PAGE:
“Careful planning during the drafting of an application is necessary in order to minimize the need to make deeply narrowing claim amendments and estoppel-inducing arguments in reaction to an Alice rejection.”
Alice Corp v. CLS Bank Int’l, 134 S. Ct. 2347 (2014) sent rejections under 35 U.S.C. § 101 skyrocketing from under 10,000 per year prior to the Alice decision to nearly 35,000 the year the Supreme Court handed down its decision (2014). Peaking at just over 100,000 rejections in 2018, the USPTO’s January 2019 Revised Patent Subject Matter Eligibility Guidance (2019 PEG) helped to stabilize and ultimately lower the number of rejections under Section 101 to just over 20,000 in 2021. Though this number may continue to drop – the data on Section 101 rejections for 2022 is not yet complete – one thing is for sure: The number of rejections under Section 101 post Alice still far outnumber the Section 101 rejections made prior to Alice by at least 10,000 per year. As illustrated in Fig. 1 (data gathered using juristat.com), the majority of rejections under Section 101 made since 2014 are still Alice rejections, which leaves room for this number to decrease further.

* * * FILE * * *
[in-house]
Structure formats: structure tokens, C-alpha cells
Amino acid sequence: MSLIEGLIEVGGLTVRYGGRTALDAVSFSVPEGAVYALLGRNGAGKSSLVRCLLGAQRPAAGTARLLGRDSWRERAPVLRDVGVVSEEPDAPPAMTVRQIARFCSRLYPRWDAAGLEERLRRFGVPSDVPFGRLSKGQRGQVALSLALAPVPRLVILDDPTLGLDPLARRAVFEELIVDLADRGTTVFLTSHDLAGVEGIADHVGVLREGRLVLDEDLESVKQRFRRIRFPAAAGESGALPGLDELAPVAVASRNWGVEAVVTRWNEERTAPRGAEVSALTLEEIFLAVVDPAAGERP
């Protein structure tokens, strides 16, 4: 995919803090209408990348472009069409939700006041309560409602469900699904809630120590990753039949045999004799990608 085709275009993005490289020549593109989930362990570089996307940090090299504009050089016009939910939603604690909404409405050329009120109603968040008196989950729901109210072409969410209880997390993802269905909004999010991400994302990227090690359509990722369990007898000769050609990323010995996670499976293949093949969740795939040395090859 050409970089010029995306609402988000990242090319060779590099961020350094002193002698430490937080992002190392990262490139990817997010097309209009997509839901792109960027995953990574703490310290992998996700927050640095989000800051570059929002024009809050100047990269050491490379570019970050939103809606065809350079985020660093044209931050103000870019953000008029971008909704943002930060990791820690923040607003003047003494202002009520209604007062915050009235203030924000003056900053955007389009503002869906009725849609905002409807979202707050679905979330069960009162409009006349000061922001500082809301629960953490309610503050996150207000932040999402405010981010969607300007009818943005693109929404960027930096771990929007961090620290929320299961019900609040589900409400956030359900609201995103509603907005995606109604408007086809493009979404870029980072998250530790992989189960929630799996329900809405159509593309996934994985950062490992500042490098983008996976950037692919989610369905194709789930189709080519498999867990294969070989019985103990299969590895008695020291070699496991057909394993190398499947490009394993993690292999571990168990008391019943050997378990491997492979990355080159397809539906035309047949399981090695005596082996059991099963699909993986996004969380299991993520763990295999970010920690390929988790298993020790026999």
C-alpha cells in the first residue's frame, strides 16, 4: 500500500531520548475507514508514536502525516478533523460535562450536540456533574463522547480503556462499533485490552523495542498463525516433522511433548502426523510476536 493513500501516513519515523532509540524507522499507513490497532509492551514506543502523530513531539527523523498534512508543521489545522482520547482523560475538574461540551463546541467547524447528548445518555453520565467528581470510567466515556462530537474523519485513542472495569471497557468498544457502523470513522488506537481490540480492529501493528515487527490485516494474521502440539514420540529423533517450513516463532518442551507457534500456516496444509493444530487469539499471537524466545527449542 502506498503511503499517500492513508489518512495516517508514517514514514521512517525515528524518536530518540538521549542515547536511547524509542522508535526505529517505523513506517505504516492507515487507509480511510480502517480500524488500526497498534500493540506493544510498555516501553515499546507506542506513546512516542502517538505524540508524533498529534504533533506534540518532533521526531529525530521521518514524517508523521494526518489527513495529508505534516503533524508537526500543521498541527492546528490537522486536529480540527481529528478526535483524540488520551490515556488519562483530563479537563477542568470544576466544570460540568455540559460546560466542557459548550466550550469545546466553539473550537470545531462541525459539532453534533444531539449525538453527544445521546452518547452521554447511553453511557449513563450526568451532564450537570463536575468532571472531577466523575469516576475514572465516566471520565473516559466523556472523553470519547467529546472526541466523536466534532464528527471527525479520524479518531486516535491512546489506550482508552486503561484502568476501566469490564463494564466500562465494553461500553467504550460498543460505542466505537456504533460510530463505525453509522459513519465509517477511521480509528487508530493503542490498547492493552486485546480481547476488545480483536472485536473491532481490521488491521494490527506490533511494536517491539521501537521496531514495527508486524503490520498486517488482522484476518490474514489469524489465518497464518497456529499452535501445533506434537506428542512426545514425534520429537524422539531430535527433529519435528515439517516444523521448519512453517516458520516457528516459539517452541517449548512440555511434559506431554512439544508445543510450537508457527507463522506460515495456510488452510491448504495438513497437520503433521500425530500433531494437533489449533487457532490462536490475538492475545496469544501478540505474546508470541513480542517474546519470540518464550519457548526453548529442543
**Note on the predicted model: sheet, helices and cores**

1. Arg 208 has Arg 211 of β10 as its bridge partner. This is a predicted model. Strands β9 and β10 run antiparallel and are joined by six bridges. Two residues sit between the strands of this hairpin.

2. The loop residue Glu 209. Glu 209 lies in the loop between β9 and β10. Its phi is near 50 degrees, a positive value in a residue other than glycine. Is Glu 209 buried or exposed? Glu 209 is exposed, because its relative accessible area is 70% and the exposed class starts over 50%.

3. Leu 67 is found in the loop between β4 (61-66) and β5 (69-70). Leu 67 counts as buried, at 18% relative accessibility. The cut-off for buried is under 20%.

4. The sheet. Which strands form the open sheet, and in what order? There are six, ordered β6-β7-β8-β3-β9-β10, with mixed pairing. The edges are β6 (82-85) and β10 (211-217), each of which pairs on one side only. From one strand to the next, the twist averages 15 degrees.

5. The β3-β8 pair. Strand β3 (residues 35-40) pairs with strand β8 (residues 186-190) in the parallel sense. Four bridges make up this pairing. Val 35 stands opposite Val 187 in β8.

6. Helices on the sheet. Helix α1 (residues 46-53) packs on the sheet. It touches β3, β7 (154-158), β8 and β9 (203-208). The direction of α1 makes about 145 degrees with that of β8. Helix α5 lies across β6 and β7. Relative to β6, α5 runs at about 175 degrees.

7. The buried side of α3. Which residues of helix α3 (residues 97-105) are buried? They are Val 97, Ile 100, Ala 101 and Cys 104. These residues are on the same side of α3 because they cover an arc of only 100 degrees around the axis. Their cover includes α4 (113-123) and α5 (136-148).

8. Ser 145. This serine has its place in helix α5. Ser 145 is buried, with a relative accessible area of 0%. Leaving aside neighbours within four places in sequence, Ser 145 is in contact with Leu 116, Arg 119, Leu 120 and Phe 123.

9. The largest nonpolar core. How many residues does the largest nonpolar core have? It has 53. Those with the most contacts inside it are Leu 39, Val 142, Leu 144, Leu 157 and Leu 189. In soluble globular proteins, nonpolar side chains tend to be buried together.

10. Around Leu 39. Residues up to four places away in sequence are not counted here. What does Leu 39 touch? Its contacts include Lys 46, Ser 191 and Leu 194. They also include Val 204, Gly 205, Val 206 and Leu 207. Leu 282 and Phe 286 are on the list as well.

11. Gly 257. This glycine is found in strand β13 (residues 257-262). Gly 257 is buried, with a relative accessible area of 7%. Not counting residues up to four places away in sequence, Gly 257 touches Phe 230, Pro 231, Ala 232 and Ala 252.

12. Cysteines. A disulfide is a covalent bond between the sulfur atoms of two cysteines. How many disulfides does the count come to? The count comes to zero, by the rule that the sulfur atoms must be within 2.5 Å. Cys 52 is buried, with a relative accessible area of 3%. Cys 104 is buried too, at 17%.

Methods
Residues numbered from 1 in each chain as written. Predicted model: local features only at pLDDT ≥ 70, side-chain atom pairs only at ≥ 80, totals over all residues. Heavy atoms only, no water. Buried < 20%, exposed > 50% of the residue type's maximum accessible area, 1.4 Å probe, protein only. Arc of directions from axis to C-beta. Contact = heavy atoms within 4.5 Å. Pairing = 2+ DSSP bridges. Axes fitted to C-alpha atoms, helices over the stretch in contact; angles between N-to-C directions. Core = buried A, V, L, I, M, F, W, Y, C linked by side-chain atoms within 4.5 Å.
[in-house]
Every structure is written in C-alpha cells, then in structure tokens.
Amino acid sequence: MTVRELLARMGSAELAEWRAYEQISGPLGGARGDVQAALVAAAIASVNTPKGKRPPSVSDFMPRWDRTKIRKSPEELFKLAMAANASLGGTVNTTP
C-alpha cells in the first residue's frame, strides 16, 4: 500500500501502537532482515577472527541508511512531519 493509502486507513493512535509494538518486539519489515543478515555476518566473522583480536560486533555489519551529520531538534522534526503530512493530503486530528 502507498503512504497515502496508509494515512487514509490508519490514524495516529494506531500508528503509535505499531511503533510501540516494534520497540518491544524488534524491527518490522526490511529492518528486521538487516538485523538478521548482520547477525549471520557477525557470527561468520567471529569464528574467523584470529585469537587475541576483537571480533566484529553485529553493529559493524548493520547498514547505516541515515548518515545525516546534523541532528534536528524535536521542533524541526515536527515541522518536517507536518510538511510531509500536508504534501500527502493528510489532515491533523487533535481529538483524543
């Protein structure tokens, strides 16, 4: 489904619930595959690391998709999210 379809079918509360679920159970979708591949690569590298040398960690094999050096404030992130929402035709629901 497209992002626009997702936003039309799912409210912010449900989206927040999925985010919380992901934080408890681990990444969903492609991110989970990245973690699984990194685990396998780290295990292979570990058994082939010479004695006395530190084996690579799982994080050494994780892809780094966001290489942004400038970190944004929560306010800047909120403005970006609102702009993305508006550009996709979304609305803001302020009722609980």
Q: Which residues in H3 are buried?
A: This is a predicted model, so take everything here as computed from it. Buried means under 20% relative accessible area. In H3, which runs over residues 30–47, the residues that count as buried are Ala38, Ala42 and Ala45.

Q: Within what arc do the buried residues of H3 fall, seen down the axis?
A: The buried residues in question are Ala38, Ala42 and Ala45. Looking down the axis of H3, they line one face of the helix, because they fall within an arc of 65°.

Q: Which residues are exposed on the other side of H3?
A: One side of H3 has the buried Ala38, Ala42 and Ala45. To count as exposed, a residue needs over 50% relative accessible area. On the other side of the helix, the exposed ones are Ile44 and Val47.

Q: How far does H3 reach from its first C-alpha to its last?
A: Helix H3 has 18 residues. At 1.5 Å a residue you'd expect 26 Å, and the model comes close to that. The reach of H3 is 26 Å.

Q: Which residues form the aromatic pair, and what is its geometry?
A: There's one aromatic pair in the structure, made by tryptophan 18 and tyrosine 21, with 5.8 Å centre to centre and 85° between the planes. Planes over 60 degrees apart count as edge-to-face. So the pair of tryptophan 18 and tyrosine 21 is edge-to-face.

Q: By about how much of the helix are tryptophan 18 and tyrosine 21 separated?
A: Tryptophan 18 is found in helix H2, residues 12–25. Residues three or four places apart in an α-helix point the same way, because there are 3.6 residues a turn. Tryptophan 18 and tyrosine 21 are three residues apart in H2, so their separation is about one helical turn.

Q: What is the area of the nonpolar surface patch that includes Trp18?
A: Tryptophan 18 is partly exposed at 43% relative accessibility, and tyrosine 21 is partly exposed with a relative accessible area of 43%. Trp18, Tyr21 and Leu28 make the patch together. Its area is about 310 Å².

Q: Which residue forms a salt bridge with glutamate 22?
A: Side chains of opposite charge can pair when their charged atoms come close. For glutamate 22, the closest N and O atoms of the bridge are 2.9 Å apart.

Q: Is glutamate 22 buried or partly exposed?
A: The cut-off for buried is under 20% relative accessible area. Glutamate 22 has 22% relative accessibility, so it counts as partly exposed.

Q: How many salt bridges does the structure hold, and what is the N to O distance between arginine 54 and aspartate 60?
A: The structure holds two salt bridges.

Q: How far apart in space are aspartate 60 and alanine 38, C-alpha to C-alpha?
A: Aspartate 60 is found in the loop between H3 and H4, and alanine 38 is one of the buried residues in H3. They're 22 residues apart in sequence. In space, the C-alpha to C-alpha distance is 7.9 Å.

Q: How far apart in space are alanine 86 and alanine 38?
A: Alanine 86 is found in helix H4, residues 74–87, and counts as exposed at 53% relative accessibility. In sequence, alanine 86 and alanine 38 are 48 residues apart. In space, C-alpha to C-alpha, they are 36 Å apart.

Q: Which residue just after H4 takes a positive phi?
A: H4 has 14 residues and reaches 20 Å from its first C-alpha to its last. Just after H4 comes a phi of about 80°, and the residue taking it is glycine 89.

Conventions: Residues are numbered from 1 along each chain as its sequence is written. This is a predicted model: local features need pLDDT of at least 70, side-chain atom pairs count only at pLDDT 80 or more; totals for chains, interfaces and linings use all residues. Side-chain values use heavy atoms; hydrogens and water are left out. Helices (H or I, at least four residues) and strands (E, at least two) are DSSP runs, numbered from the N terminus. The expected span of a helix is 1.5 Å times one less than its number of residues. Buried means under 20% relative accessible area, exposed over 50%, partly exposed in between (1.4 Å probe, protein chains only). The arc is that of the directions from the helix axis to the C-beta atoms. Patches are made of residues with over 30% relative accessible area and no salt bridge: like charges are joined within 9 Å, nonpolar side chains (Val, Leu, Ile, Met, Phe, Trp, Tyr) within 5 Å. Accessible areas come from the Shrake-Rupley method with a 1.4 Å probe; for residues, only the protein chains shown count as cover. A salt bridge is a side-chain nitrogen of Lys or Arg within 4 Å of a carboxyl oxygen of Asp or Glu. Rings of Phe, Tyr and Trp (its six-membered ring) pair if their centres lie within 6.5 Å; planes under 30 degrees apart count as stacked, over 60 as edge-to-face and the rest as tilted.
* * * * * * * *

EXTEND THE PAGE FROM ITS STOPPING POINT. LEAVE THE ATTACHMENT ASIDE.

Assuming not all of the 20,000 Alice rejections under Section 101 are made in applications that truly describe and claim a judicial exception (i.e., law of nature, natural phenomenon, abstract idea) without significantly more, there is still hope for reducing the number of Alice rejections made per year. However, careful planning during the drafting of an application is necessary in order to minimize the need to make deeply narrowing claim amendments and estoppel-inducing arguments in reaction to an Alice rejection, or worse, discovering that no amount of amending and argumentation can save the application and its claims.